The primary cases where we see insurance limits having a significant impact involve automobile accidents. While Wisconsin law requires all licensed drivers to have an automobile liability insurance policy in place, those policies must have a minimum limit of only $25,000 for injury or death. If you are struck by an at-fault driver in an accident who has only $25,000 in liability insurance to cover your losses, there is a good chance that your damages will exceed those policy limits. With the cost of medical care, even for injuries that are not life threatening, the medical bills alone can easily exceed the $25,000 limit. Imagine having substantial injuries with several years of treatment, surgeries and medical bills exceeding several hundred thousand dollars, along with lost wages, a permanent disability, and future medical expenses.

To protect yourself from the unfortunate possibility of being struck by a negligent driver with no insurance or low insurance limits, you can purchase high limits of Uninsured Motorist Coverage (UM) and Underinsured Motorist Coverage (UIM). Even though Wisconsin requires all drivers to have auto insurance, many people ignore this and drive with no insurance. You can purchase high limits of UM insurance through your own insurance company, which will help compensate you, your family and other occupants of your vehicle when you are injured by an uninsured motorist or a hit-and-run driver. Purchasing high limits of UM insurance is fairly inexpensive in light of the potential losses you could suffer in an accident.

Additionally, you may also purchase from your insurance company high limits of Underinsured Motorist Coverage (UIM) which provides bodily injury protection to you and the persons in your vehicle if the at-fault driver’s insurance limits are lower than your UIM limits and the at-fault driver’s insurance is not adequate to cover your losses. Again, purchasing high limits of UIM is also fairly inexpensive in light of the substantial losses you could suffer in an automobile accident.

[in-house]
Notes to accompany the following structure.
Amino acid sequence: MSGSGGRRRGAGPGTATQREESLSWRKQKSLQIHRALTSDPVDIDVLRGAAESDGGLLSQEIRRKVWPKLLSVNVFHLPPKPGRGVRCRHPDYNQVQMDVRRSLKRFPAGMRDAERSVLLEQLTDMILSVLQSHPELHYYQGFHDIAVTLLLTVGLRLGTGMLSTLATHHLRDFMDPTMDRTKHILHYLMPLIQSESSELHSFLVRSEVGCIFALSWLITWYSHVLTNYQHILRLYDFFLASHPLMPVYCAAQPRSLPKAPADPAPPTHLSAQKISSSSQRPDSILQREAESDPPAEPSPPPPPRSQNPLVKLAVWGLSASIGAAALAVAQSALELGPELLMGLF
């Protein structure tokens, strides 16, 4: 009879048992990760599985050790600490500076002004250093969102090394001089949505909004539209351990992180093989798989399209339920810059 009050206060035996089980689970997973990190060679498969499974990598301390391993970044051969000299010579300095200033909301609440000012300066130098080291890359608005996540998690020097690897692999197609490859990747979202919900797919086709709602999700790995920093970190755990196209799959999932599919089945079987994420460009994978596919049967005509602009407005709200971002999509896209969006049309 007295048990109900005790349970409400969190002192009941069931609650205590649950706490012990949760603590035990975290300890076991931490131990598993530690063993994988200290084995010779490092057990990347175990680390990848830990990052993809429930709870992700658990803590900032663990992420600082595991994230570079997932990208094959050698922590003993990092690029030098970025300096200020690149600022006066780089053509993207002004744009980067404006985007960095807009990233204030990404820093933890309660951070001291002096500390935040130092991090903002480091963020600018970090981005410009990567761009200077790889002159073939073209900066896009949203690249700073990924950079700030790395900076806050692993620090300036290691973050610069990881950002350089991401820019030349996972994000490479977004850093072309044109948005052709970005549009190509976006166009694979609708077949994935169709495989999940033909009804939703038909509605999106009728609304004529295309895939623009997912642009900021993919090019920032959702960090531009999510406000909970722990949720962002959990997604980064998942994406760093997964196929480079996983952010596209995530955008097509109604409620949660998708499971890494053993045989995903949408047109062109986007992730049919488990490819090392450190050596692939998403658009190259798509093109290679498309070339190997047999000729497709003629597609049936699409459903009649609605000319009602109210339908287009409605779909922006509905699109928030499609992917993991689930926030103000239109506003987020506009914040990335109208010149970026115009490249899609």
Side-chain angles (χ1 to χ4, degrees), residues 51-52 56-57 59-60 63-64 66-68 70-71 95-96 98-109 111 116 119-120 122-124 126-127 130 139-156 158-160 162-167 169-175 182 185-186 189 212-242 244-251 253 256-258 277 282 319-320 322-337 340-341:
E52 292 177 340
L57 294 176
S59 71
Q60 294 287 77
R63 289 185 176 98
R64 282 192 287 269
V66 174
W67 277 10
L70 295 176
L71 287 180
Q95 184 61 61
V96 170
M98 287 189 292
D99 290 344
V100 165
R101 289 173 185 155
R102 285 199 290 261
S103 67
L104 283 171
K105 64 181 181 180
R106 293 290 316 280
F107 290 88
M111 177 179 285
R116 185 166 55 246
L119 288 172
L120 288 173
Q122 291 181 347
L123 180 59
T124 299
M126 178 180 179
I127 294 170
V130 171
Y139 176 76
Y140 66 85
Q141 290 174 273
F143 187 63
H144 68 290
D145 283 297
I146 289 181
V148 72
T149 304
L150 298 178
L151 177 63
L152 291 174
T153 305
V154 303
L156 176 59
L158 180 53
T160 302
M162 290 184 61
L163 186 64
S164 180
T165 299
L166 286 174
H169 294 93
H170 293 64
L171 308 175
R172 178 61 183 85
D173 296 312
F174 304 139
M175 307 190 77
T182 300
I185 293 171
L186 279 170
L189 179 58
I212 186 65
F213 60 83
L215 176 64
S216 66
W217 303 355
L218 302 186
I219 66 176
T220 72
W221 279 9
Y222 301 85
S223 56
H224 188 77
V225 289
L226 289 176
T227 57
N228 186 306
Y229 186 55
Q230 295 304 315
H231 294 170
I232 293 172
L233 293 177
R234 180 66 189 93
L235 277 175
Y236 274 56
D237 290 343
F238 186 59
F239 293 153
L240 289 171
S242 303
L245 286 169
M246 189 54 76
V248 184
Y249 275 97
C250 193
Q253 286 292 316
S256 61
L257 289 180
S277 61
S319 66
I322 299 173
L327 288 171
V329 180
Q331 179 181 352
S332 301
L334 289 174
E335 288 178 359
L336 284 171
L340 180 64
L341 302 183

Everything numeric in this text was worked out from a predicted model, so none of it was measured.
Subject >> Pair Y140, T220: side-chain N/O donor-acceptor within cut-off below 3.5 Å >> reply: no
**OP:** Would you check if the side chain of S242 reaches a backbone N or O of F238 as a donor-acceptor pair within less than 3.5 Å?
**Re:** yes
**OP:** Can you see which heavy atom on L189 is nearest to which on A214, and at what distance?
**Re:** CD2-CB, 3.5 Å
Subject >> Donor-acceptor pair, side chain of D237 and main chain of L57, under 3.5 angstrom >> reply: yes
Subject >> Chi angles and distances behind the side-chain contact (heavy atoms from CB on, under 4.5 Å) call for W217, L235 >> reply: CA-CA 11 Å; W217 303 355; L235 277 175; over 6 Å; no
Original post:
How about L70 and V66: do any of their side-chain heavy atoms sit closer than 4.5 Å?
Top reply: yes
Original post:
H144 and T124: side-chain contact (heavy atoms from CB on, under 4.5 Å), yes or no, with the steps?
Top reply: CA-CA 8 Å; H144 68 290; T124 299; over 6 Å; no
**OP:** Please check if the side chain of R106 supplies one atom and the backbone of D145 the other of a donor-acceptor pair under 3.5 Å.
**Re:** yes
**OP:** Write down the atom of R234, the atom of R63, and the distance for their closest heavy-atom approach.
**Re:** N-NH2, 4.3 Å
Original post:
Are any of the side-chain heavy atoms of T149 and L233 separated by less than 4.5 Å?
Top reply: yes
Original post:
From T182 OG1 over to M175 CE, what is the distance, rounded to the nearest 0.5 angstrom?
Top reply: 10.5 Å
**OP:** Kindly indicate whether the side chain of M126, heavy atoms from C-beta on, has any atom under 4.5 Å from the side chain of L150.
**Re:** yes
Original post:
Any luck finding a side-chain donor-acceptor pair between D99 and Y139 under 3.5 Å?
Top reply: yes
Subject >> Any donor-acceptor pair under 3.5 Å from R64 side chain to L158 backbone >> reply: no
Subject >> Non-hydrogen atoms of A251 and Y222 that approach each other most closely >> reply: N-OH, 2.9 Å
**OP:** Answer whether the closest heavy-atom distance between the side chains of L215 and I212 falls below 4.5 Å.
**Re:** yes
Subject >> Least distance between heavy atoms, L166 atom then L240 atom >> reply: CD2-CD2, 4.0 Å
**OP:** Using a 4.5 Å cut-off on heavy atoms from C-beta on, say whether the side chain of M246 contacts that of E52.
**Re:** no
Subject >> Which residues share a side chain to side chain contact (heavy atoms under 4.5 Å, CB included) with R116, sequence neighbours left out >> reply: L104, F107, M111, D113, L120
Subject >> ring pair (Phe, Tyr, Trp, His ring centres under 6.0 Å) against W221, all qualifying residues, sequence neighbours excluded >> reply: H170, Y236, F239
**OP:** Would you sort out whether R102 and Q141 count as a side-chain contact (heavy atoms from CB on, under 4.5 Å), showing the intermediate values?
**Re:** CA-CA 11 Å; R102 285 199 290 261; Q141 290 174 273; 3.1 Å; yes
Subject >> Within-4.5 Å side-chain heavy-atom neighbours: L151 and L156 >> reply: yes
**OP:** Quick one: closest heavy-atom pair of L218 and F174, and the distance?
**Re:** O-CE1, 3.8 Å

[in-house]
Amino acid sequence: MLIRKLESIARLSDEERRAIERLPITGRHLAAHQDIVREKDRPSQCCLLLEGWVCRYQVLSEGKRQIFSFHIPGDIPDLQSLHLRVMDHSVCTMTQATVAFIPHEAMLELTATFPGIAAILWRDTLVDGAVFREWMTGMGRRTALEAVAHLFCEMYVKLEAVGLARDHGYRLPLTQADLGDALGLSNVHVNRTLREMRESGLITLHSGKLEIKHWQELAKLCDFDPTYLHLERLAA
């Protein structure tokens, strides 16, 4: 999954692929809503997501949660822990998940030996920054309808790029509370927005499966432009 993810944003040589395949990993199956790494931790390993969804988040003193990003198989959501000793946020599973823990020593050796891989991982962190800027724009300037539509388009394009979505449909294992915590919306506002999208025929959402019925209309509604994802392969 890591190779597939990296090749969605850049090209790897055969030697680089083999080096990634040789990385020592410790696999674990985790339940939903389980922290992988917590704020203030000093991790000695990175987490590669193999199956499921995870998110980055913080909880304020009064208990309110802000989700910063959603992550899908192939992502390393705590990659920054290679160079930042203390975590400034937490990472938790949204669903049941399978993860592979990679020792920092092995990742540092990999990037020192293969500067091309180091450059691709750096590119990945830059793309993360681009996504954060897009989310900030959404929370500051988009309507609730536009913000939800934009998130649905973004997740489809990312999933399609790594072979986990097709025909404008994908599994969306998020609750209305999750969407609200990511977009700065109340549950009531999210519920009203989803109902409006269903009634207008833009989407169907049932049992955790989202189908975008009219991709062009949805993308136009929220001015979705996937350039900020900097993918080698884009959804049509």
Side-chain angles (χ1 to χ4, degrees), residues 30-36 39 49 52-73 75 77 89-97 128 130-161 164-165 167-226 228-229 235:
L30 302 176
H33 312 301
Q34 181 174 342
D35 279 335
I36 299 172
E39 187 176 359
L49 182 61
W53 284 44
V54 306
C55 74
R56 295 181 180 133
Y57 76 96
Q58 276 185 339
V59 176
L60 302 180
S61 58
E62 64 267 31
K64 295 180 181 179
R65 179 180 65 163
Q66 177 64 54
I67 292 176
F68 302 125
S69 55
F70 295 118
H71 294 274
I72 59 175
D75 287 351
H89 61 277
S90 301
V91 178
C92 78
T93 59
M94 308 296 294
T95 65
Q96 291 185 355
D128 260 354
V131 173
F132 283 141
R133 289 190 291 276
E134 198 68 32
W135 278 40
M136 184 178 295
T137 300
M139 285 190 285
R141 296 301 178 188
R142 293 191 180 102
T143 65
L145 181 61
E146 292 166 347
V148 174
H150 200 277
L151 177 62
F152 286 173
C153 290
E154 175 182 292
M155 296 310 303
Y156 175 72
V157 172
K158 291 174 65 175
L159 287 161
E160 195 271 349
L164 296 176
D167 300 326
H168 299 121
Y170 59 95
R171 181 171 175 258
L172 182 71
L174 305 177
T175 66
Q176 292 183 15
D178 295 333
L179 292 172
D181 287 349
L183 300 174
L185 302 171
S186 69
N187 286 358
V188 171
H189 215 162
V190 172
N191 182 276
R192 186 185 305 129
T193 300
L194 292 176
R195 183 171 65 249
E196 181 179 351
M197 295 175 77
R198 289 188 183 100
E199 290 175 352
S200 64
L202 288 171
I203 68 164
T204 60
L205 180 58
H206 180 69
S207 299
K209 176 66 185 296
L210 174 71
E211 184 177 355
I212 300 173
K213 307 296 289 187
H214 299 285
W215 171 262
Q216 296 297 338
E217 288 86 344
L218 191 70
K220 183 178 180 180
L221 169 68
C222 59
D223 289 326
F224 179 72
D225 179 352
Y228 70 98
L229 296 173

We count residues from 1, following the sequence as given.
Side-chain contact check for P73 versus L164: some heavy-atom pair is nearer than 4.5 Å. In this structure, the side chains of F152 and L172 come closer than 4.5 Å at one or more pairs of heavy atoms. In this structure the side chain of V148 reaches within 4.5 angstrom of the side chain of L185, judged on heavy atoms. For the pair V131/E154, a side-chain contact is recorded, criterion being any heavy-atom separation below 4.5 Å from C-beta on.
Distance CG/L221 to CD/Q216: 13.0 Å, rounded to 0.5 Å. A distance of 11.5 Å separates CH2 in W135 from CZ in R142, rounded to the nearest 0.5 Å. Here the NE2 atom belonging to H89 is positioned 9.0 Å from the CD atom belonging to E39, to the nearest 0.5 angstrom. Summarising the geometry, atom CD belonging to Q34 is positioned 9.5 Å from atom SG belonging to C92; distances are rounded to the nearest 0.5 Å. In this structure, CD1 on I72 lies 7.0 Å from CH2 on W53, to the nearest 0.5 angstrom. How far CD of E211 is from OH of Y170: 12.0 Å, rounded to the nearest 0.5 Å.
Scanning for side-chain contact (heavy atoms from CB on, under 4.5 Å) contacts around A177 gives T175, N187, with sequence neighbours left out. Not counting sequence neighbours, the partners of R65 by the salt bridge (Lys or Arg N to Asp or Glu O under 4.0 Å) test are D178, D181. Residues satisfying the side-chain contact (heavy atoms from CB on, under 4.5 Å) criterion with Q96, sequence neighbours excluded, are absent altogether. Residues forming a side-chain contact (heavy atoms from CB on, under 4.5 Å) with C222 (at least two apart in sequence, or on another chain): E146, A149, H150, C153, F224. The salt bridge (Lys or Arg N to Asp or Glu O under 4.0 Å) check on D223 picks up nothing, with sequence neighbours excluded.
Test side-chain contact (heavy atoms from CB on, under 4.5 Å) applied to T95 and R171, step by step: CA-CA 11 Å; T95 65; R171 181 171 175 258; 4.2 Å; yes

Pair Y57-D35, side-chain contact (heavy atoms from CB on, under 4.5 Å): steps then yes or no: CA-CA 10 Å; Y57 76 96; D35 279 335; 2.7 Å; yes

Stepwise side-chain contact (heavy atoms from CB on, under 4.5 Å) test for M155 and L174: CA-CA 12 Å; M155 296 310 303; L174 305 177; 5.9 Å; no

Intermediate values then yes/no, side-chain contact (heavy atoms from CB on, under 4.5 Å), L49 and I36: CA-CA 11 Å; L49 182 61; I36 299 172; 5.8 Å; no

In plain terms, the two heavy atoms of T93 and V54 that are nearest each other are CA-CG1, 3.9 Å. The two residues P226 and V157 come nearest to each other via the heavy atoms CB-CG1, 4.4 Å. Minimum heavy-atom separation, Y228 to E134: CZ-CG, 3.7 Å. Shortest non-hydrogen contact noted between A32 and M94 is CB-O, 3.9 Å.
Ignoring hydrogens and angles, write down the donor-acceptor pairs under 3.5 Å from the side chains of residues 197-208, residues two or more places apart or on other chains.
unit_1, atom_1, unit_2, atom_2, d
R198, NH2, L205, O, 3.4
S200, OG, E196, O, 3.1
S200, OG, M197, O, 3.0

A type of insurance which will assist in protecting your assets if you are at fault in causing an accident is an “umbrella” or “excess” insurance policy. This is a larger policy which provides additional coverage that would be used once your underlying liability limits are exhausted. For example, if you caused a serious automobile accident and the other driver sustains $200,000 in medical bills alone, his or her potential claim against you will be much higher when considering the value of wage loss and pain and suffering damages. If you had only a $100,000 liability insurance limit, which was inadequate to compensate the injured party, the injured party or parties may obtain a judgment against you individually and pursue collection of all of your assets up to the amount of their damages.

While you may have some protection by going through bankruptcy, this is not always the best alternative. To be proactive in protecting your assets in such a situation, you would purchase the excess or umbrella insurance policy which typically provides additional limits of $1 million or $2 million, depending upon what policy you purchase. This extra protection is essential if you cause a serious injury. Additionally, some umbrella or excess insurance policies will also provide you with the additional $1 million or $2 million in benefits for your injuries and may be added to your UM and UIM coverage limits. Check with your insurance agent to make sure that your umbrella policy applies to UM and UIM coverage because many do not. If it does apply, and if the other driver who causes the accident does not have adequate insurance, then you will have a substantial amount of additional insurance available to compensate you for your medical expenses, wage loss, and pain and suffering. Again, the cost of an excess or umbrella policy is relatively inexpensive in light of the protection it can afford you.

It is prudent to check with your insurance agent on the cost for the highest limits you can purchase for all of the above coverages. It is strongly recommended that you purchase as much insurance as you can reasonably afford in order to protect yourself from the unfortunate circumstances described above. This will assist in protecting your assets and to help you recover compensation for substantial medical bills, pain and suffering, loss of wages and possible permanent disability. While no one plans on getting into an accident and being seriously hurt, you can be proactive and protect yourself against other drivers who have no insurance or have minimum liability limits.